The House of Assembly Select Committee on Crime held a press conference Wednesday to outline its strategies and goals in examining crime in the country.

The Committee is headed by Dr Bernard Nottage, MP for Bain and Grants Town. Other members are Kwasi Thompson, Deputy Speaker of the House of Assembly and MP for Pineridge; Kendal Wright, MP for Clifton; Branville McCartney, MP for Bamboo Town; Frank Smith, MP for St Thomas More; Glenys Hanna-Martin, MP for Englerston and Kenyatta Gibson, MP for Kennedy.

The House of Assembly approved the appointment of a Select Committee on Crime in February to examine the “unacceptably high” criminal activities in The Bahamas, particularly on the islands of New Providence and Grand Bahama.

“One of the very important tasks we have set for ourselves is to conduct a review of the reports of the various commissions and committees which have been appointed by successive governments of The Bahamas over the years as they have grappled with this problem,” Dr Nottage said from the Committee Room at the House of Assembly.

The Committee was also mandated to investigate to what extent social conditions have impacted levels of crime, to evaluate the impact if any that the conclusions and recommendations of commissions and committees appointed by governments have had on crime, and to make recommendations with respect to solutions.

The committee also has the power to call persons to give testimony before the seven-member panel, which has already commenced its work. The first formal report is to be tabled in the House of Assembly in October. The final result is to amend existing laws or institute new laws impacting the level of crime.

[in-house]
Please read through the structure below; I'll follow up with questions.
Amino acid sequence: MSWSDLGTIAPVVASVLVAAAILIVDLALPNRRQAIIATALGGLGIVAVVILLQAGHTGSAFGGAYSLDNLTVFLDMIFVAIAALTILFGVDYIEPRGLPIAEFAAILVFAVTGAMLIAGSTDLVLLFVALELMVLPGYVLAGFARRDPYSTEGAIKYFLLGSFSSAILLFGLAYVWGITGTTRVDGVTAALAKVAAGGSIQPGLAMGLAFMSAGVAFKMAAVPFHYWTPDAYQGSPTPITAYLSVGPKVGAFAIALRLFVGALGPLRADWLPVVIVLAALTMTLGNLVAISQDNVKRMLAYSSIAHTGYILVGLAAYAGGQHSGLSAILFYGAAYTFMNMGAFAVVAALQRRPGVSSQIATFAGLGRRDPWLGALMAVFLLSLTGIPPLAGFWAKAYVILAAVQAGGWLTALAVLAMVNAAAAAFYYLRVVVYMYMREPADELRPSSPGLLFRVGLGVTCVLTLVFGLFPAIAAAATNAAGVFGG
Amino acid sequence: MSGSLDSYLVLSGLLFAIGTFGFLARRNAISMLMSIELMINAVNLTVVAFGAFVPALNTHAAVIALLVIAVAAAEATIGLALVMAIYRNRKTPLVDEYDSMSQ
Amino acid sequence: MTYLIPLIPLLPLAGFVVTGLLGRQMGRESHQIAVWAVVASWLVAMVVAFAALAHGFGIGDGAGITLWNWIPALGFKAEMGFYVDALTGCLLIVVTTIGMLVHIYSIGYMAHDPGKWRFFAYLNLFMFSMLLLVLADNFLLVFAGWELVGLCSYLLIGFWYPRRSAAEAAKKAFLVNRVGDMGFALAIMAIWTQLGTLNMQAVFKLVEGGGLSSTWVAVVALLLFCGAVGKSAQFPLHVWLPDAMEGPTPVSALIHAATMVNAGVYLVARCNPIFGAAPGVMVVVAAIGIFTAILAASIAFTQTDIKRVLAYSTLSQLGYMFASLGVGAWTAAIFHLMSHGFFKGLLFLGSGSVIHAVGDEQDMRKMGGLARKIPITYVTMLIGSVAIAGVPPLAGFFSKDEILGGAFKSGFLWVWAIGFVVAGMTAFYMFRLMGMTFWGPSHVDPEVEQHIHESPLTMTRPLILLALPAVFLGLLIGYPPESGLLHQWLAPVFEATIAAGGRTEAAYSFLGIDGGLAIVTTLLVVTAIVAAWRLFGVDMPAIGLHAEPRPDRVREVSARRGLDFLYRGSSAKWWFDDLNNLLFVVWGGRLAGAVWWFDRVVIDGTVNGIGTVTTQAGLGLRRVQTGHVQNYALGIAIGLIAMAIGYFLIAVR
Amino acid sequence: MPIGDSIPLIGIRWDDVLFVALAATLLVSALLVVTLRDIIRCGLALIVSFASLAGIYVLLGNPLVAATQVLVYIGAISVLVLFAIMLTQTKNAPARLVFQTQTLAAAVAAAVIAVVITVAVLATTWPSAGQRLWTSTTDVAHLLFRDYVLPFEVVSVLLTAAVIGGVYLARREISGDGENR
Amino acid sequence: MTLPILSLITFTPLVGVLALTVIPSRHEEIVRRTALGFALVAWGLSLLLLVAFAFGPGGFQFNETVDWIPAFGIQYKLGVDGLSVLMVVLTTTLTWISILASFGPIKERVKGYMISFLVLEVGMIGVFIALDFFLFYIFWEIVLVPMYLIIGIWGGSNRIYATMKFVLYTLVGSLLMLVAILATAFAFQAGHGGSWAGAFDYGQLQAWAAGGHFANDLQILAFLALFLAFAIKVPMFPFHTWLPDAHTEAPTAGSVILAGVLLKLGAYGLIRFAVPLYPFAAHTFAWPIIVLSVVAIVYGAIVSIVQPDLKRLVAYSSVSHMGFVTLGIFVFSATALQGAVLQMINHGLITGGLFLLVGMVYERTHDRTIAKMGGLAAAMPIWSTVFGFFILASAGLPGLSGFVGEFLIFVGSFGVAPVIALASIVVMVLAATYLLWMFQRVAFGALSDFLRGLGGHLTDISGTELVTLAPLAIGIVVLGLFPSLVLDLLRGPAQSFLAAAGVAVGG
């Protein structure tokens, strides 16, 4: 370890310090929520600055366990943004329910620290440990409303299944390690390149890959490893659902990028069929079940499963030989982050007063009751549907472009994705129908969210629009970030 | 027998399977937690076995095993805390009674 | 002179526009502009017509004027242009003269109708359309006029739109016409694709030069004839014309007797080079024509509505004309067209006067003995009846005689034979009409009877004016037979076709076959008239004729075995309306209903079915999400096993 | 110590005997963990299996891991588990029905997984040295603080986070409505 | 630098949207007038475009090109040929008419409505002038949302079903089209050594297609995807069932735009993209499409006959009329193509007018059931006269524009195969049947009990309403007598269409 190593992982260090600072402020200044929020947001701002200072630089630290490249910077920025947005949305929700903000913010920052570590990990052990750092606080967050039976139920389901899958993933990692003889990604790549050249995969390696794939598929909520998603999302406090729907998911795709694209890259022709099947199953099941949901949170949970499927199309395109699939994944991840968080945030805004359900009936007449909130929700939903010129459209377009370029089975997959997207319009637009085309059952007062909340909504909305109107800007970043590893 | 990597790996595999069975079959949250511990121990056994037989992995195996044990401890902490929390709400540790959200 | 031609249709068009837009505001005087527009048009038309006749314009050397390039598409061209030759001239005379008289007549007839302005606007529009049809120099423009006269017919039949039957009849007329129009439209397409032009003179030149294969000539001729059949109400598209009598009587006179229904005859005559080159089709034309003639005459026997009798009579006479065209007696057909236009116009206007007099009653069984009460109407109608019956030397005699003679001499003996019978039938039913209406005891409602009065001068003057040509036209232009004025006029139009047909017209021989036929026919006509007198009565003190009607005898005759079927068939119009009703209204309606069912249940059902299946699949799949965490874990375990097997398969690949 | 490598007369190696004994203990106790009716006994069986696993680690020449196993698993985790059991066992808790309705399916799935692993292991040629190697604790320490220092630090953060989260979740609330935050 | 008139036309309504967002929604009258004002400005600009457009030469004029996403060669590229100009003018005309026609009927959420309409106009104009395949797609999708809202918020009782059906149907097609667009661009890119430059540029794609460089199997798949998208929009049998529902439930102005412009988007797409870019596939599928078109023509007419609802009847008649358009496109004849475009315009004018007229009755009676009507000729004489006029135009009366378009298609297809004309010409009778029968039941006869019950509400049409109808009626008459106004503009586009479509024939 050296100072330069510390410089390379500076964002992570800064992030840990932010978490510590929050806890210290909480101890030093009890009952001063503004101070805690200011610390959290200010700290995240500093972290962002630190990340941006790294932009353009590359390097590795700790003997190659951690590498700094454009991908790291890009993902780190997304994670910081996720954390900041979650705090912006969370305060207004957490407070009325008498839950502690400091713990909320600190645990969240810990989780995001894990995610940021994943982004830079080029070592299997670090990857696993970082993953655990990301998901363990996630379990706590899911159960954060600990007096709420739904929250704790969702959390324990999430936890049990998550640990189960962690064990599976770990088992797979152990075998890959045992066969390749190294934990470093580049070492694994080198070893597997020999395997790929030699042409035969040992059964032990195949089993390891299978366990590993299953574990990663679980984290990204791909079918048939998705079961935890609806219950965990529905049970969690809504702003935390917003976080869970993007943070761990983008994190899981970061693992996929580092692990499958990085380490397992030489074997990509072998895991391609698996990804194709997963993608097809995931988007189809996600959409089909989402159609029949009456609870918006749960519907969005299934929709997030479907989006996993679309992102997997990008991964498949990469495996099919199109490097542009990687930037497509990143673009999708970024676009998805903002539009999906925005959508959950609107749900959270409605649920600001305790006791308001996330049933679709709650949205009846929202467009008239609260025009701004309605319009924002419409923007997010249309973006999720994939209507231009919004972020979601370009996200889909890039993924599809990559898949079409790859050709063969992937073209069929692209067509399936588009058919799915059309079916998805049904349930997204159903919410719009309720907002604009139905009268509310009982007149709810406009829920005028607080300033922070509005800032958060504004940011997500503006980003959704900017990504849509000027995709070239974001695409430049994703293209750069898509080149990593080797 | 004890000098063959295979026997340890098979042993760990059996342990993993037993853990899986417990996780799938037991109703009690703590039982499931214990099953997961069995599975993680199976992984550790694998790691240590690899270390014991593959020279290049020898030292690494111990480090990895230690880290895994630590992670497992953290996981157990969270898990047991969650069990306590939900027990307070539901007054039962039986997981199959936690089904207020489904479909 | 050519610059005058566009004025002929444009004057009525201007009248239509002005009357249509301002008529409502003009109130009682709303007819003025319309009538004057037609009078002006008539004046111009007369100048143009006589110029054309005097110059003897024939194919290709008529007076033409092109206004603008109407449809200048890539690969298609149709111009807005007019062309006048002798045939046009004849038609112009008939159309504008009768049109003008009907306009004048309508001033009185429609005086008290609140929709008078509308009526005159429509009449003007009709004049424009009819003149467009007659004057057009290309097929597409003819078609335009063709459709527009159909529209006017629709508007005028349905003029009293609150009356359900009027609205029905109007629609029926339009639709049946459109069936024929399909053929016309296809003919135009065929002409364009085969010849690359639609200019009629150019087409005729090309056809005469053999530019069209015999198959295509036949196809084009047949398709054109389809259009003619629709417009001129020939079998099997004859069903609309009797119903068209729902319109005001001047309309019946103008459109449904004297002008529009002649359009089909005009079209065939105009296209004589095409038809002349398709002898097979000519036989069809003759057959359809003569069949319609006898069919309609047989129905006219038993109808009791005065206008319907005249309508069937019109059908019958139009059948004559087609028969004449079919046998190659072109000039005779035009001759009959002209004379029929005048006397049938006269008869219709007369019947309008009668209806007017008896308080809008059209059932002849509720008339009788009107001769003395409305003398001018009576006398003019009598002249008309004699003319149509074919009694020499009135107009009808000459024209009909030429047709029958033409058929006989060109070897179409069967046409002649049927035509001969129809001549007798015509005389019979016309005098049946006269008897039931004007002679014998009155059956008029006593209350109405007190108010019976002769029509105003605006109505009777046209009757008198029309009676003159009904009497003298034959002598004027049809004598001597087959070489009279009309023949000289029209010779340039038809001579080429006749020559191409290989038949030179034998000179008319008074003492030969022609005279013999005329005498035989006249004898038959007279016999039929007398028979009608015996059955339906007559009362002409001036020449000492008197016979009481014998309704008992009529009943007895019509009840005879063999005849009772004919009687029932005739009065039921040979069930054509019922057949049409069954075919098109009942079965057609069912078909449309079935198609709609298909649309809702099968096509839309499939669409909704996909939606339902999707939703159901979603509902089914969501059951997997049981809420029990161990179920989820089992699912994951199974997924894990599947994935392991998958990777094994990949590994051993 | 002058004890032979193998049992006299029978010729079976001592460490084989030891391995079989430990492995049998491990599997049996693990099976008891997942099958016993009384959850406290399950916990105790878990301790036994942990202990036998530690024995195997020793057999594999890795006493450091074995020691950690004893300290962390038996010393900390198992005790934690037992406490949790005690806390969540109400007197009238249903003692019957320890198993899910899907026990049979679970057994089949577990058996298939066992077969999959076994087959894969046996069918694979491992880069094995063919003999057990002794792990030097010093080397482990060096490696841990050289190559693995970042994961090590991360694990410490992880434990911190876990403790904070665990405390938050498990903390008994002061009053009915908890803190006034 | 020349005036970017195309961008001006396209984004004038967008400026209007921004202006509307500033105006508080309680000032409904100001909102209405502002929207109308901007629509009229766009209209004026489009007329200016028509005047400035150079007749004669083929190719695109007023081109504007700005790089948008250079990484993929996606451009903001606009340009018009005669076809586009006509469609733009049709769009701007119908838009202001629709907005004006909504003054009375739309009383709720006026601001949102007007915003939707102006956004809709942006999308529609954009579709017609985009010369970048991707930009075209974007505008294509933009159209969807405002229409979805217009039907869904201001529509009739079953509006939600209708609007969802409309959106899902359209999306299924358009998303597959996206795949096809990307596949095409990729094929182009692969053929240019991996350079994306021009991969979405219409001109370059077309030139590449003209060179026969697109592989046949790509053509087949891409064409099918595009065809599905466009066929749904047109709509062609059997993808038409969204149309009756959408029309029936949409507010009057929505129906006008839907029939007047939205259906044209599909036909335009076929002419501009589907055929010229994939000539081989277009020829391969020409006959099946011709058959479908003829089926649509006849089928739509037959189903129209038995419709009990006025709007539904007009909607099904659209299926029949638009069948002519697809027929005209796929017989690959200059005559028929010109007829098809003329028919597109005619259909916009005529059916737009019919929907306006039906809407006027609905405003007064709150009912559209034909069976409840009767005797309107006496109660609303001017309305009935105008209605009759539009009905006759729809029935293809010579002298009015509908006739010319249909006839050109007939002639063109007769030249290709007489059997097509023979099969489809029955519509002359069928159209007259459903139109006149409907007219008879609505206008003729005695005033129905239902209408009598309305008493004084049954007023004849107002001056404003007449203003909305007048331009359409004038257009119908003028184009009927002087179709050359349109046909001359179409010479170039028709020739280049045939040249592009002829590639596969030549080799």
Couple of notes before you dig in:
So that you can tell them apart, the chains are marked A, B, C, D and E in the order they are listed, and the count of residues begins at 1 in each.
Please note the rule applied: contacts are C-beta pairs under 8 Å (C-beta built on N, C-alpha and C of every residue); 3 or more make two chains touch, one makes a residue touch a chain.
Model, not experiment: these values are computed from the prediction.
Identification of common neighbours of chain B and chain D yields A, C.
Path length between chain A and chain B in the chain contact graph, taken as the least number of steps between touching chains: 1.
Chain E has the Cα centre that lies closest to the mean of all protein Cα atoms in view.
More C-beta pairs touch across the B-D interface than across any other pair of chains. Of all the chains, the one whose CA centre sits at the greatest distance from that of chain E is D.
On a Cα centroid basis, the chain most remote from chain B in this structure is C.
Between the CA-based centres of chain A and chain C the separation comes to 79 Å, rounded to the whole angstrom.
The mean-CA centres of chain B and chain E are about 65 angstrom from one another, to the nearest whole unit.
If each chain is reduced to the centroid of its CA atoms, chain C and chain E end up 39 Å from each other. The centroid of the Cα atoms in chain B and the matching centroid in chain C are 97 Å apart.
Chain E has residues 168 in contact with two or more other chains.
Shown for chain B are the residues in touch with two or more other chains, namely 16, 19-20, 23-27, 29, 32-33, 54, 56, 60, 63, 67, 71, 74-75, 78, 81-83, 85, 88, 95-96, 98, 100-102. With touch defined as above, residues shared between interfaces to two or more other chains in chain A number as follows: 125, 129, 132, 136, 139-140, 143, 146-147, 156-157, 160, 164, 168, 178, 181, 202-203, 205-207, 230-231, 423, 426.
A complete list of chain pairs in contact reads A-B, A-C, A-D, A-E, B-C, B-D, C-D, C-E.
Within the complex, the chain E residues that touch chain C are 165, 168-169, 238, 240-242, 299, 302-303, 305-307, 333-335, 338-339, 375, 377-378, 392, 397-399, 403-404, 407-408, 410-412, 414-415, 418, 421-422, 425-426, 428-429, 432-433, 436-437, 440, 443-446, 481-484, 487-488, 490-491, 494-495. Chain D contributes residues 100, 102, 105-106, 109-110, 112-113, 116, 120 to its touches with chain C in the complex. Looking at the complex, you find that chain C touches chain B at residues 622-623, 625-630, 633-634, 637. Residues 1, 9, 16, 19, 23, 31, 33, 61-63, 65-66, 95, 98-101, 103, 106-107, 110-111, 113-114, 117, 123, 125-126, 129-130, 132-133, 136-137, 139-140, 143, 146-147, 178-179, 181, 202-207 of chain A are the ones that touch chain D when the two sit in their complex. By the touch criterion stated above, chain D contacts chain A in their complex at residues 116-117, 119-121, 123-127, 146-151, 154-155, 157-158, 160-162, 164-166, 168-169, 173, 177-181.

The first hearing will be held Thursday, May 29 and the first witness is Acting Commissioner of Police Reginald Ferguson.

The committee has held a number of meetings to discuss the approach to the task, “having regard to the serious adverse impact the commission of crime has on the society, and our desire to see the continuing trend reverse,” Dr. Nottage said.

“Our intent is to compile a list of the many recommendations which have been made and to determine whether they have been implemented and to what effect,” he added.

In this vein, the committee will examine the following reports, amongst others:

· The National Task Force on Education Report – 1994
· The Consultative Committee on National Youth Development Report – 1994
· The National Crime Report – 1998
· The Prison Reform Commission Report – 2003
· Citizen Safety Diagnostics for The Bahamas Report – 2004

Last year the Ministry of National Security held a Crime Symposium at which a number of organisations and personalities from a cross section of the public, “made what we thought were very significant submissions.”

“It is our intention to study those presentations thoroughly as well and to seek the assistance of the Crime Council, which was established as a result of that effort,” Dr. Nottage said.

The committee also intends to utilise the annual crime reports produced by the Royal Bahamas Police Force in its assessment of the overall crime situation in the country.

“It is also our intention to evaluate the efforts which have been made by the numerous non-governmental organisations and by the Civil Society and determine what impact if any they have had or are having on the incidence and the types of crime,” Dr. Nottage said.

The committee will call on agencies and individuals, especially those in the crime fighting sector, to be examined and make presentations before the panel. Interested persons are asked to submit in writing to the clerk of the House of Assembly.

The hearings will be conducted in open sessions; some in committee rooms at the House of Assembly, others at more accessible settings. The committee will also travel to the Grand Bahama and other Family Islands to conduct hearings.

Procedures for the hearings are as follows: the chairman will make an opening statement and the witness will make whatever presentation he or see deems appropriate. The presentations will be followed by questions from members of the committee. And where necessary, witnesses may be required to provide documentation or other information to assist the committee in its deliberations.